Obi-Wan Kenobi is back and he’s a changed man. Set halfway between Revenge of the Sith and A New Hope, the latest Star Wars TV show finds a Jedi (played, once again, by Ewan McGregor) disillusioned with his past, and still struggling to come to terms with the fall of his apprentice, Anakin Skywalker, to the Dark Side.
Disney Plus (opens in new tab) has treated us to a double-whammy of the first two episodes and there are plenty of surprises within. While there aren’t quite as many nods to previous Star Wars stories as have become the norm in The Mandalorian and The Book of Boba Fett, the show is already an important addition to the story of that galaxy far, far away – and is bound to raise a few burning questions for fans.
So, after digesting Part I and Part II of Obi-Wan Kenobi’s, we’ve assembled a list of nine talking points raised by the show. Rest assured there are some MAJOR SPOILERS below – and if the four-minute recap at the beginning of Part I isn’t enough to get you up to speed, check out our guide to everything you need to watch and read ahead of the new six-part series.
Obi-Wan Kenobi himself
“The fight is done. We lost.”
If one sentence can encapsulate the Obi-Wan Kenobi we meet in Part I, it’s that one. Ten years after the tragic events of Revenge of the Sith the Jedi master has retreated into anonymity on Tatooine, and he’s a shadow of his former self – he isn’t just hiding, he’s doing everything he can to not be a Jedi.
This isn’t the Obi-Wan Kenobi – or Old Ben – we remember. Yes, the face and voice are familiar – though Ewan McGregor’s natural Scottish accent does slip through on occasion – but the celebrated hero of the Clone Wars is long gone.
Where once his days were filled with action and adventure – not that a Jedi craves such things – he now works a dead-end job at a meat-packing facility, making occasional visits to the Lars moisture farm to check in on Luke Skywalker, the boy who may just go on to bring balance to the Force.
Keeping secrets has clearly taken its toll, however. While the Jedi code speaks of compassion and helping those in need, Obi-Wan now turns a blind eye, his bigger picture plan for saving the galaxy rather more important than performing the odd good turn. His response to a visit from fellow fugitive Nari says it all – he effectively refuses to help the younger man, telling him to lay low and forget he was ever a Jedi. Nari ends the episode strung up in a town square.
But the old Jedi is still in there somewhere, and once he’s reluctantly called into action to save Leia, we gradually see the Force reawaken inside him. He’s yet to make contact with his old master Qui-Gon Jinn – surely Liam Neeson is destined for a comeback – and we haven’t seen him ignite that famous blue lightsaber, but by the time he reaches the seedy world of Daiyu, it’s clear that using the Force is as hard to forget as riding a bike.
The people skills still need some work, of course, but this is a brilliant reintroduction to one of Star Wars’ most iconic characters.
What a sly piece of sleight of hand from Lucasfilm.
From the trailer through to the opening act of Part I, we were led to believe that Obi-Wan’s primary objective was keeping an eye on the young Luke Skywalker until he was ready – it’s even revealed that Obi-Wan gave Luke the T-16 toy he plays around with in A New Hope. As the episode evolves, however, it’s clear that the other Skywalker twin is much more important to the show.
While Luke’s involvement is limited to a long shot of the Lars homestead, Leia (played by Vivien Lyra Blair) is utterly integral to the story that unfolds. When the episode first shifts the action to the princess shirking royal duties on Alderaan, it feels like an unnecessary diversion from more important matters on Tatooine. But as soon as she’s abducted by Vect Nokru and his gang of mercenaries – and her parents send out a “Help me, Obi-Wan Kenobi” message of their own – it becomes clear that she’s this show’s answer to Baby Yoda. Leia is the McGuffin who gives the show a reason to exist.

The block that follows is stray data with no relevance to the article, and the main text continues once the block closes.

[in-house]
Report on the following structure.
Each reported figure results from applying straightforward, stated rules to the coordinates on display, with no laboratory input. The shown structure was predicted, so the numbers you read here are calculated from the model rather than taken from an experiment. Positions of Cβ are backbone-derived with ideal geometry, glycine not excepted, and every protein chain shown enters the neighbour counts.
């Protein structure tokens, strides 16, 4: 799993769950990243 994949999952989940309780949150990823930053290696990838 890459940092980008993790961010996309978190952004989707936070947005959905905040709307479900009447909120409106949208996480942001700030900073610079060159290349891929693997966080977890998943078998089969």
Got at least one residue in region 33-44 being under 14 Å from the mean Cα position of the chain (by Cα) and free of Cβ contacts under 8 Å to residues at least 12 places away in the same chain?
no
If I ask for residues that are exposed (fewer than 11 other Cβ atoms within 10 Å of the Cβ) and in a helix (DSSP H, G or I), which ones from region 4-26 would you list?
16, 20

It makes total narrative sense. With Obi-Wan living the life of a hermit, it had to be a truly cataclysmic, galaxy-threatening event to drag him away from protecting Luke. And what could be bigger than rescuing Leia, one of the two great hopes who can save the universe from Imperial tyranny.
Appropriately for a character who – within a decade of Star Wars continuity – will effectively be leading the Rebel Alliance, the 10-year-old Leia is the sort of self-confident, old-beyond-their-years kid that probably only exists in movies and TV. She’s a thoroughly engaging foil for Kenobi, however, shifting from headstrong to obnoxious to suspicious to courageous (often in the blink of an eye), and highlighting just how uncomfortable he’s become talking to other people. Her belief that the 50-something Obi-Wan is ancient also proves that – whatever galaxy they live in – kids are terrible at gauging the ages of adults.
What a way to make an entrance…
Exposition is always a tricky thing to get right in a movie or TV show, but Obi-Wan Kenobi absolutely nails its introduction to the show’s antagonists.
The Grand Inquisitor (played by Homeland’s Rupert Friend) is the kind of character who loves the sound of his own voice, so it’s entirely logical that he’d devote a considerable amount of time to explaining why he and the rest of his team of Force-sensitive assassins are hunting down Jedi.
Although his patience isn’t always a virtue – on at least two occasions, holding rookie Inquisitor Reva back allows a Jedi to escape custody – he’s an excellent villain. But he’s not the most memorable member of the group…
Clearly less experienced than her cohorts Fifth Brother (Fast & Furious’s Sung Kang) and Fourth Sister (Rya Kihlstedt), Reva/Third Sister (The Queen’s Gambit’s Moses Ingram) is the standout character across Obi-Wan Kenobi’s first two episodes. Ambitious, ruthless and impulsive – it seems she’s driven by an intriguing backstory – she’s prepared to do anything it takes to capture rogue Jedi. In other words, if you’re a civilian standing in her way, she won’t think twice about chopping off hands or even a casual execution.
She’s also a constant source of annoyance for the Grand Inquisitor, a helpful reminder that followers of the Dark Side don’t always play well with others.
Ever since A New Hope, Uncle Owen has been portrayed as a minor antagonist – while definitely not a villain, his primary function was always to stand in the way of Luke Skywalker’s dreams. Part I shows the other side of a surrogate dad’s protective instincts.
Owen (played by Joel Edgerton, reprising his role from the prequels) still has little love for Obi-Wan, of course, but the way he stands up to Reva’s threats in Part I shows remarkable inner courage – he’s arguably the hero of the episode. (The returning Bonnie Piesse gets rather less to do as Aunt Beru, while Grant Feely debuts as the young Luke.)